Kinda ironic, given the lyric, although possibly not as ironic as the other great rekindler of my musical energies, Lana del Rey's Video Games, given it was my then decade-long obsession with mmorpgs that estranged me from music in the first place. Hey, David Harbour! You got off lightly!

Bringing this whole thing full circle and tying it up with a neat little bow, Kate Bush, surely an icon of both Dad and Mom Rock if ever there was one, is currently enjoying her own moment of inter-generational magic, thanks to the inspired use of her timeless classic, Running Up That Hill in Stranger Things. 

Just in case anyone hasn't seen it yet I won't say any more about it, other than it's frickin' epic and that I was surprised to learn La Bush had never had an American Top 10 hit before. Well, she has now. And about time, too.

That's it for now. Not the post I expected to write but the one I wanted to. Another tip for advice week. I should write these down. And I'll get to that EQII Tinkerfest instance post one day, see if I don't. 

Of course, by then I'll have built it up so much everyone's going to be all "is that it?"

Ah, well.


  1. I came around to Kate Bush the hard way, via Peter Gabriel's Don't Give Up. While I'm glad I (eventually) found her, the fact that I didn't know who she was is a bit of myopia on my part.

    I'm still amused by that Bowling for Soup video, even after all these years later, just because it hit on so many touchstones of that era of MTV. I honestly prefer their take on Robert Palmer's Addicted to Love than Shania Twain's gender bender version in Man! I Feel Like a Woman. To be fair, her version is really good too, but that's about as close as I tend to get to Country music these days.

    1. It's a great video in many ways. BFS are way more nuanced than they have any right to be.

      There's a cetain style of alt-country that I really like but I know next to nothing about the wider genre. I hadn't seen that Shania Twain video before, or heard the song. Is that even any kind of country? It starts out as 50s rock and roll and then turns into 60s pop before the 70s rock solo comes in. There's a pedal steel guitar in there somewhere and her vocals have a country inflection but I don't think I'd have known she was a "country" artist from this track.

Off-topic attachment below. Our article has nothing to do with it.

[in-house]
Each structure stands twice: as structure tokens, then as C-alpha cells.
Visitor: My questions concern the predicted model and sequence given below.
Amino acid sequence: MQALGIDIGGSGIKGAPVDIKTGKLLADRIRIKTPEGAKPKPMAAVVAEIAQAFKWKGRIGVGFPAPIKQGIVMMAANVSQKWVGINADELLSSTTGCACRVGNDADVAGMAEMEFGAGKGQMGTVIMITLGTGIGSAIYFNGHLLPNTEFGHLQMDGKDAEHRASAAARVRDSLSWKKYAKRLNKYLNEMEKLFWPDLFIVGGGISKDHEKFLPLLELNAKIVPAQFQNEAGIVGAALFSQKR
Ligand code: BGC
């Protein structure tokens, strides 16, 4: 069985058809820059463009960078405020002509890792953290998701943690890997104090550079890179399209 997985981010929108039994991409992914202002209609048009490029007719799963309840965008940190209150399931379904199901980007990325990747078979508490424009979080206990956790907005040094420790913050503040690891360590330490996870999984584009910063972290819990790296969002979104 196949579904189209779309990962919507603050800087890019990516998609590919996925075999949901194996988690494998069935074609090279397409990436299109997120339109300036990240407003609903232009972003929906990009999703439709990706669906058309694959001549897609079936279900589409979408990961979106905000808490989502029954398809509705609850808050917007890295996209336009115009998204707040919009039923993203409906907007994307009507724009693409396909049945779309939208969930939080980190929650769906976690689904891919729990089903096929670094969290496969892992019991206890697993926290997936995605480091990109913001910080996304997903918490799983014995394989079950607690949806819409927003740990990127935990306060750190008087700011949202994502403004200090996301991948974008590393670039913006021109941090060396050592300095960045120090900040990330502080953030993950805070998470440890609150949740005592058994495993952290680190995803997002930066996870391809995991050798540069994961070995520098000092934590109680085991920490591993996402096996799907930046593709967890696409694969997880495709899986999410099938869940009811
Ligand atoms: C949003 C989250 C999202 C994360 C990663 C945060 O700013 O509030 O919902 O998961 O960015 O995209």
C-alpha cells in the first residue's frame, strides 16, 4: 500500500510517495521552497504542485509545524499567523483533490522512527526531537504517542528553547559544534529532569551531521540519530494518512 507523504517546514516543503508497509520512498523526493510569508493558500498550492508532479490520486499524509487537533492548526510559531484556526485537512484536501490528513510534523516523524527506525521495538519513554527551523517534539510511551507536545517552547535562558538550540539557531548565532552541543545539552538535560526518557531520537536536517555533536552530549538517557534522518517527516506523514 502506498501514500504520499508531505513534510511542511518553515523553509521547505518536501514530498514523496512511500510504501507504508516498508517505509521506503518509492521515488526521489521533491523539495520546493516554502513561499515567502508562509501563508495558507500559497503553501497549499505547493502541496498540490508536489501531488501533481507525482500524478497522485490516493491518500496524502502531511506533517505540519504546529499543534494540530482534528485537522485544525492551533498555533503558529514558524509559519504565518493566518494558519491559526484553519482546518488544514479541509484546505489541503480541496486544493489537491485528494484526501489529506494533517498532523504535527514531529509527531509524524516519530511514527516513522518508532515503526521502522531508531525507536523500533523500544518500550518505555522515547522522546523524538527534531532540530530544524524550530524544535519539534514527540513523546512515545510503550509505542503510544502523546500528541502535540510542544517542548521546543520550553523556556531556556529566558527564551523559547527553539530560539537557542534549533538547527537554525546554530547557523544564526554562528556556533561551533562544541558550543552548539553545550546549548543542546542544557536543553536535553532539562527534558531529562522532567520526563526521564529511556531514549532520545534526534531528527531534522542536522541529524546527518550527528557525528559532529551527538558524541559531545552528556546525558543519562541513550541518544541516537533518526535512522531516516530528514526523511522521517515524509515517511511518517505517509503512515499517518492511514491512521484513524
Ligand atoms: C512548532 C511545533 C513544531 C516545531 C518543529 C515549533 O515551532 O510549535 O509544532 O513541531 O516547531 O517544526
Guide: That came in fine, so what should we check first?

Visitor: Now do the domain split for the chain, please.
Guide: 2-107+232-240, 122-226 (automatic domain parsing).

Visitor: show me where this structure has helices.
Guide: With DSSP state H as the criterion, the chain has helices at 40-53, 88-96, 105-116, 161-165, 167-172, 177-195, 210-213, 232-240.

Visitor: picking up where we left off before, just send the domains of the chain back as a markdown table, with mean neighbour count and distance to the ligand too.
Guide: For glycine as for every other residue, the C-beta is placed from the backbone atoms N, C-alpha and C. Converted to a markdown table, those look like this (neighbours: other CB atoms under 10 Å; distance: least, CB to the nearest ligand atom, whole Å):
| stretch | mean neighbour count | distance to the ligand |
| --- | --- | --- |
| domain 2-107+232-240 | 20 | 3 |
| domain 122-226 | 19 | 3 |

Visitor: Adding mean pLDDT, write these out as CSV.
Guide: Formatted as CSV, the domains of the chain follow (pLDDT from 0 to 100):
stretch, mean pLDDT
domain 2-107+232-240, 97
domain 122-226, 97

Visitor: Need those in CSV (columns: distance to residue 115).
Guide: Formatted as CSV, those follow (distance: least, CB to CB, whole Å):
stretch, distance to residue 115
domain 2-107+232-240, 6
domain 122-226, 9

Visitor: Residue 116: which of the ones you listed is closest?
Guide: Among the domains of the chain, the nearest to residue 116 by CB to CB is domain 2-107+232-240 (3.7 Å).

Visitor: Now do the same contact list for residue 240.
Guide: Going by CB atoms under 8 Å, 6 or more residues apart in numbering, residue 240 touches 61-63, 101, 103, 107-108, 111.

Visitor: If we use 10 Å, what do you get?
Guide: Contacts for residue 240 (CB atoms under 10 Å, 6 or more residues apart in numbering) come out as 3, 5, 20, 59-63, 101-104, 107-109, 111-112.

2. The irony is that Shania's music is a lot closer to "modern" Country these days. Apparently Country was more influenced by arena rock than people realize, because there are plenty of songs out there --such as Rascal Flatts' remake of Life is a Highway-- that are basically rock songs but with a slight Country twang. Who knew that all that's needed to make a song "Country" is to sing with a southern accent and wear a cowboy hat?

  2. Mom Rock is stuff like Elton John, Wings, Paul Simon. Source: what my wife listens to.

    It is sad that Pink Floyd and Supertramp are probably Dad Rock.

    1. I guess it should be Parent Rock, really. Or 'Rent Rock. Do the kids still say "'rent"? I like all of those acts, by the way. It's curious how two of them still seek to be "modern" by working with much younger performers but only Elton really pulls it off. Macca tries too hard.

  3. I am definitely part of the "lapsed raver dad" demographic. A big hunk of my CD collection is all the IDM influences that the article lists (Aphex Twin, Autechre, Venetian Snares, ect).

    Also, Hounds of Love (especially that long soundscape B side) and the Dreaming are some of my all time favorite albums. I am really glad to see some of her work being rediscovered.

    1. Hounds of Love is a great album. I was never really all that much of a Kate Bush fan before then, although I liked most of the singles well enough, but after Hounds I started paying her a lot more attention.

  4. In our household, Mom Rock would be The Eagles as my wife's go to on long car journeys is Hotel California - and nothing wrong with that in my book.

    And I'm going to bitterly contest classing Mark Knopfler as "grandad rock" - I was in my teens when Dire Straits were at their peak and I have two school age children. Elvis is definitely grandad music, the Beatles probably are, but 80's music belongs to Gen X and we're not a grandad generation yet, damnit!